Scandal (ABC) 0.9/4 4.18


Most of Thursday’s primetime slate was steady week to week in the ratings, but a handful of shows improved.

CBS’ “Life in Pieces” (1.1 rating in adults 18-49) had the biggest gain, rising o.2 from a week ago. “SWAT” (0.9), The CW’s “Supernatural” (0.5) and “Arrow” (0.4) and FOX’s “Showtime at the Apollo” (0.7) were all up a tenth.

CBS finished first across the board for the night as “The Big Bang Theory” (2.3), “Young Sheldon” (1.9) and “Mom” (1.4) all matched last week’s fast nationals (“Big Bang” adjusted up and “Mom” down in the finals).

“Superstore,” “AP Bio” and “Chicago Fire” were likewise steady for NBC, but “Champions” fell a tenth of a point to 0.4. So was “Gotham,” which scored a 0.7 on FOX.

“Grey’s Anatomy,” “Station 19” and “Scandal” were, yep, steady for ABC too, although all three improved a bit week to week in total viewers.

Network averages:

Adults 18-49 rating/share 1.4/6 1.2/5 0.7/3 0.7/3 0.5/2
Total Viewers (millions) 8.38 5.58 3.36 2.55 1.31


Late-night metered market ratings (adults 18-49, households):

11:35 p.m.

“Jimmy Kimmel Live”: 0.6/4, 1.8/5

“The Tonight Show Starring Jimmy Fallon”: 0.5/3, 1.6/4

“The Late Show with Stephen Colbert”: 0.4/3, 2.8/8

12:35 a.m.

“Late Night with Seth Meyers”: 0.3/3, 1.1/4

“Nightline”: 0.3/3, 1.1/4

“The Late Late Show with James Corden”: 0.2/2, 1.1/4


Rating: Estimated percentage of the universe of TV households (or other specified group) tuned to a program in the average minute. Ratings are expressed as a percent.
Fast Affiliate Ratings: These first national ratings are available at approximately 11 a.m. ET the day after telecast. The figures may include stations that did not air the entire network feed, as well as local news breaks or cutaways for local coverage or other programming. Fast Affiliate ratings are not as useful for live programs and are likely to differ significantly from the final results, because the data reflect normal broadcast feed patterns.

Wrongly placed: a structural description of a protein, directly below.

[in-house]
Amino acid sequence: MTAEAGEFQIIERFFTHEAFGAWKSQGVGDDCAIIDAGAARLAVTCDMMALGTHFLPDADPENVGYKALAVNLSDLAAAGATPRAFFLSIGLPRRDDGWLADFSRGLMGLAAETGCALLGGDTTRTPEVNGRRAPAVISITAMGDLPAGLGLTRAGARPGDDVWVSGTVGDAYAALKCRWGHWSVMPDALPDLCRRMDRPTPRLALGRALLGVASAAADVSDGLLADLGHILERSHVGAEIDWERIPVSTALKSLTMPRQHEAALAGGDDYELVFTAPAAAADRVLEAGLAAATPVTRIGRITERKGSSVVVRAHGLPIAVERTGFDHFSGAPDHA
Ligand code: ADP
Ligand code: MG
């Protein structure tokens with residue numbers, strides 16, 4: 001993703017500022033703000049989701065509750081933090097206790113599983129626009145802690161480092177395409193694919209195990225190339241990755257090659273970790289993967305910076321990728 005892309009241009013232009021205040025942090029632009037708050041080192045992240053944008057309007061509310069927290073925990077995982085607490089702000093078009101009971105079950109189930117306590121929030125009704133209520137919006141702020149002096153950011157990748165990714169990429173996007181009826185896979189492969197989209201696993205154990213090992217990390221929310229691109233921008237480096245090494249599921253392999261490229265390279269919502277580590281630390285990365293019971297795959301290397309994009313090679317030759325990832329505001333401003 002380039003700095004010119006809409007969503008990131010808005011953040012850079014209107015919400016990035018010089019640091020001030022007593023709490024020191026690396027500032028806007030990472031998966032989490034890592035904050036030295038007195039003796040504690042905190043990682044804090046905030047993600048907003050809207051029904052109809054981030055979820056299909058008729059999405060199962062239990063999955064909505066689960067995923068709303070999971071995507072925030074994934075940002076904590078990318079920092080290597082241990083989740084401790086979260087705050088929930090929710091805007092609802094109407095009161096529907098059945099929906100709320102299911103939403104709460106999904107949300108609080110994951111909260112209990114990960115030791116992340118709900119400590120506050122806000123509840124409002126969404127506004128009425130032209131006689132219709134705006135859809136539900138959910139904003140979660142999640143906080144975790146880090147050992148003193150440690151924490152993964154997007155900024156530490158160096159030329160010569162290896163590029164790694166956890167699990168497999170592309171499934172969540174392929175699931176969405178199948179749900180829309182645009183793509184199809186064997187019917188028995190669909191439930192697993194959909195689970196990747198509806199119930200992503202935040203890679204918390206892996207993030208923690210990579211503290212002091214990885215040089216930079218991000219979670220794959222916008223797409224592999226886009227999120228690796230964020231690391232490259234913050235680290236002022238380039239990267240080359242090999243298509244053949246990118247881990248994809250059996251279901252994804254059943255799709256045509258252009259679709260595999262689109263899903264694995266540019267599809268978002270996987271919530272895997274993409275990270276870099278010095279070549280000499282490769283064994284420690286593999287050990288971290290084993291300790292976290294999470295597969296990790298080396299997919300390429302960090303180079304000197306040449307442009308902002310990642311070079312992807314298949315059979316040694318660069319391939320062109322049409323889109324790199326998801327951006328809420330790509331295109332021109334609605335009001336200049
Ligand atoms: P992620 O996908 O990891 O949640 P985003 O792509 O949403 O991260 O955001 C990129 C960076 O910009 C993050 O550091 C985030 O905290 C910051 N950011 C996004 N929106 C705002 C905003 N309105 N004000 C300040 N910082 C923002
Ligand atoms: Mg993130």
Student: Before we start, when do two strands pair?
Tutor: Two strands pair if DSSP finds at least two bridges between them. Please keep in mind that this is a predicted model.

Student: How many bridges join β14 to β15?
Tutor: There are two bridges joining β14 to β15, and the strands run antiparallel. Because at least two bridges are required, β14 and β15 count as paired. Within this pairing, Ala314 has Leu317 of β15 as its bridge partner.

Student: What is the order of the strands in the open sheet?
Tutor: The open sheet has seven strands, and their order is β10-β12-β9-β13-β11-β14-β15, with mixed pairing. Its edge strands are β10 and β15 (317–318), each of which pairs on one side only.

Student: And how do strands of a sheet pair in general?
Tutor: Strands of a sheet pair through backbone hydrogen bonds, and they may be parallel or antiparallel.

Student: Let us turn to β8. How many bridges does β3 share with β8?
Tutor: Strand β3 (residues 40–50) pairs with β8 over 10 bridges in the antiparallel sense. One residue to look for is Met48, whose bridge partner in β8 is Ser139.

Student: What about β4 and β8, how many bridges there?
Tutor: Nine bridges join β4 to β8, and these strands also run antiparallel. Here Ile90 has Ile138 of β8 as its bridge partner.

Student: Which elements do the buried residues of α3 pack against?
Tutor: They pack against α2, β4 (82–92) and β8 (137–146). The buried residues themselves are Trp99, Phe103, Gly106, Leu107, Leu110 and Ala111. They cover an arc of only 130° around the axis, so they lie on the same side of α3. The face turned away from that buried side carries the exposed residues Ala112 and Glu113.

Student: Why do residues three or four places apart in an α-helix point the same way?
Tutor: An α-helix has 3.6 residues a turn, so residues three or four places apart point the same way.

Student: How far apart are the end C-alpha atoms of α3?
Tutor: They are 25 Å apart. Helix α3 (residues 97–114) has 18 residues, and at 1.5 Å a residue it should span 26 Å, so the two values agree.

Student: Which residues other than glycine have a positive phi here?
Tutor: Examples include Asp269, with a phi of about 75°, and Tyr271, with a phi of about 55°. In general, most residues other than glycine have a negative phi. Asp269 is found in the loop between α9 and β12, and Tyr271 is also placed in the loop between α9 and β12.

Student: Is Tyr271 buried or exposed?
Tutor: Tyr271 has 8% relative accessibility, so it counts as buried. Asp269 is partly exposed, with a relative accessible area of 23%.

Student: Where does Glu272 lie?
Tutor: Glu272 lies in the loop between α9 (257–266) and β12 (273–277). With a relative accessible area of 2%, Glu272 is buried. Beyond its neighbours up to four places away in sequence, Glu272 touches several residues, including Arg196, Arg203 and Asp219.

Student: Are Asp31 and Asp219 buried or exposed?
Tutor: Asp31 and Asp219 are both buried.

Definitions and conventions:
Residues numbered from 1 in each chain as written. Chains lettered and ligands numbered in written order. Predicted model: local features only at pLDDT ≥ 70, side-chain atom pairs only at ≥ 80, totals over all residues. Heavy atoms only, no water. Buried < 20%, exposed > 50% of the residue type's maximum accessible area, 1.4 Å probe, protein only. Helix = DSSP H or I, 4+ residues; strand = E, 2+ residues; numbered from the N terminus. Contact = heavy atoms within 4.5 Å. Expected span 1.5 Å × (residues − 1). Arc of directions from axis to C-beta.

Share (of Audience): 
The percent of households (or persons) using television who are tuned to a specific program, station or network in a specific area at a specific time. 
Time Shifted Viewing:
 Program ratings for national sources are produced in three streams of data – Live, Live +Same-Day and Live +7 Day. Time-shifted figures account for incremental viewing that takes place with DVRs. Live+SD includes viewing during the same broadcast day as the original telecast, with a cut-off of 3 a.m. local time when meters transmit daily viewing to Nielsen for processing. Live +7 ratings include  viewing that takes place during the 7 days following a telecast.

Source: The Nielsen Company.

Posted by:Rick Porter

Rick Porter has been covering TV since the days when networks sent screeners on VHS, one of which was a teaser for the first season of "American Idol." He's left-handed, makes a very solid grilled cheese and has been editor of TV by the Numbers since October 2015. He lives in Austin.